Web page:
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NZ dairy exporters well-positioned to capitalise

Australia’s dairy import and export mix is “slowly trading places” – with export volumes falling sharply in recent years while imports have spiked, Rabobank says in a newly- released report.

In its Australian Dairy Sector Outlook: Slowing trading places, the specialist agribusiness bank says the overall trade profile for Australian dairy is in a period of transition – “driven by a confluence of factors, including lower domestic milk production, an erosion of export competitiveness and more favourable domestic market returns impacting the product mix”.

Report author, RaboResearch senior dairy analyst Michael Harvey says the bank expects dairy imports to “play a more significant role” in Australia’s domestic supply chain into the future with local milk production remaining constrained and as the industry further adjusts to accommodate these shortages.

“And this will create growth opportunities for dairy exporters around the globe – including those in New Zealand,” he said.

‘Chronic shortage’

The report says Australia produced 8.129 billion litres of milk in 2022/23, marking the “third consecutive year of decline” in milk production.

“Since the most recent production high in 2020/21, more than 700 million litres of milk have been lost from the supply chain,” Mr Harvey said, “resulting in a chronic shortage of milk for manufacturing – that is the total milk available outside what is used for domestic and export drinking milk.”

In fact, in 2022/23, the country’s milk supply available for manufacturing fell to its lowest level since the 1990s, he said.

Slow retreat

Australia has had a long history as an exporter of dairy products and has served as a “key procurement region for international buyers, due to its reputation for product quality, accessibility and innovation”, the report says. However, Australia has been on a slow retreat from the global dairy export arena for some time, the bank says.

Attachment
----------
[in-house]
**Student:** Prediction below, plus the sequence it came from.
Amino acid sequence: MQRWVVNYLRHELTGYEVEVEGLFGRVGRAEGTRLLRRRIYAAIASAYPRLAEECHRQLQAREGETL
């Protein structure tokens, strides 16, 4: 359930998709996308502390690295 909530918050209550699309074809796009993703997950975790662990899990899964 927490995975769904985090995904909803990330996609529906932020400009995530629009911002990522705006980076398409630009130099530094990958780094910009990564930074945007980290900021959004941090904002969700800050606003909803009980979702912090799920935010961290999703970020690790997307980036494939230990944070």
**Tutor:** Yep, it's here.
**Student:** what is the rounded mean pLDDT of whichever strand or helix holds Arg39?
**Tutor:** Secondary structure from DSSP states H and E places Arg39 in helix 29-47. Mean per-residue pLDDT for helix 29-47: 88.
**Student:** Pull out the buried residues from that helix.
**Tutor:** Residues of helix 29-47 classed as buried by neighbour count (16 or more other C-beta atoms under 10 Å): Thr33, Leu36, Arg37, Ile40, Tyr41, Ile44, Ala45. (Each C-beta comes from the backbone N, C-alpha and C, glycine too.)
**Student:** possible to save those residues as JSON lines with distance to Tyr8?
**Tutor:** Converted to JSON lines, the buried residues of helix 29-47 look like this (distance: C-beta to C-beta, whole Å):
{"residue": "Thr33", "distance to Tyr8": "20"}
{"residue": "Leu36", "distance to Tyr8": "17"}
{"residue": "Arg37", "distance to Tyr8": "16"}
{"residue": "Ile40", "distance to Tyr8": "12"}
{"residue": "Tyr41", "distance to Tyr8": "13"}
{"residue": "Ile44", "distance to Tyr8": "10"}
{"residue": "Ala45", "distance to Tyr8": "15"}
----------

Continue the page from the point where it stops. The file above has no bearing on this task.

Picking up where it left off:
“Dairy exports fell off a cliff in 2023,” Mr Harvey said. “For the calendar year 2023, dairy export volumes were down with double digits across most products, with the largest declines in liquid milk (down 41 per cent year on year) and butter (down 52 per cent).”

Despite the reduction in domestic milk production and export volumes, however, Australia remains a net exporter of dairy products in liquid milk equivalents and still ranks as the fifth-largest dairy exporter in the world, with four per cent of global trade.

Import spike

Dairy imports have played a crucial role in the Australian supply chain for a long time, the report says. But, over the decade between 2013 and 2023, the annual dairy import volume in liquid milk equivalent has doubled, Rabobank says.

The pace of growth in dairy imports has shifted gears in recent years, Mr Harvey said, with a broad-based lift in import volumes in 2022 and 2023.

“In 2023, Australia imported more than 1.4 billion litres of dairy product in liquid milk equivalents, excluding caseins,” Mr Harvey said.

“A large proportion of the import mix is bulk and ingredients – particularly butter and skim milk powder – as domestic manufacturing of these products has declined. But more imported dairy products are also appearing on retail market shelves.”

The bank expects dairy imports to grow even further over the medium term – driven not just by shrinking Australian milk production, but also the comparative cost advantage of imported product (due to lower overseas dairy prices) and also a spike in demand for lower-budget dairy products among Australian consumers due to cost-of-living pressures.

Opportunities for New Zealand

Mr Harvey said Australia was an important market for New Zealand dairy and that Kiwi exporters were well-positioned to capitalise on the expected lift in Australian imports.

“Behind China, Australia is one of New Zealand’s largest export destinations for dairy products accounting for approximately five per cent of total New Zealand dairy exports by value,” he said.

“New Zealand already holds a dominant share of Australian dairy imports and is the

largest supplier of butter and cheese into the Australian market.

“It looks fairly clear that an ongoing shortage of milksolids will require Australian dairy companies to expand their dairy product and ingredient procurement capabilities over the medium-term creating growth opportunities in certain products and ingredients for global dairy exporters.

“And given New Zealand’s close proximity and strong existing trading relationship, Kiwi dairy exporters look well-placed to take advantage.”

Rabobank New Zealand is a part of the global Rabobank Group, the world’s leading specialist in food and agribusiness banking. Rabobank has more than 120 years’ experience providing customized banking and finance solutions to businesses involved in all aspects of food and agribusiness.

Rabobank is structured as a cooperative and operates in 38 countries, servicing the needs of about

8.6 million clients worldwide through a network of close to 1000 offices and branches. Rabobank New Zealand is one of the country’s leading agricultural lenders and a significant provider of business and corporate banking and financial services to the New Zealand food and agribusiness sector. The bank has 27 offices throughout New Zealand.

 

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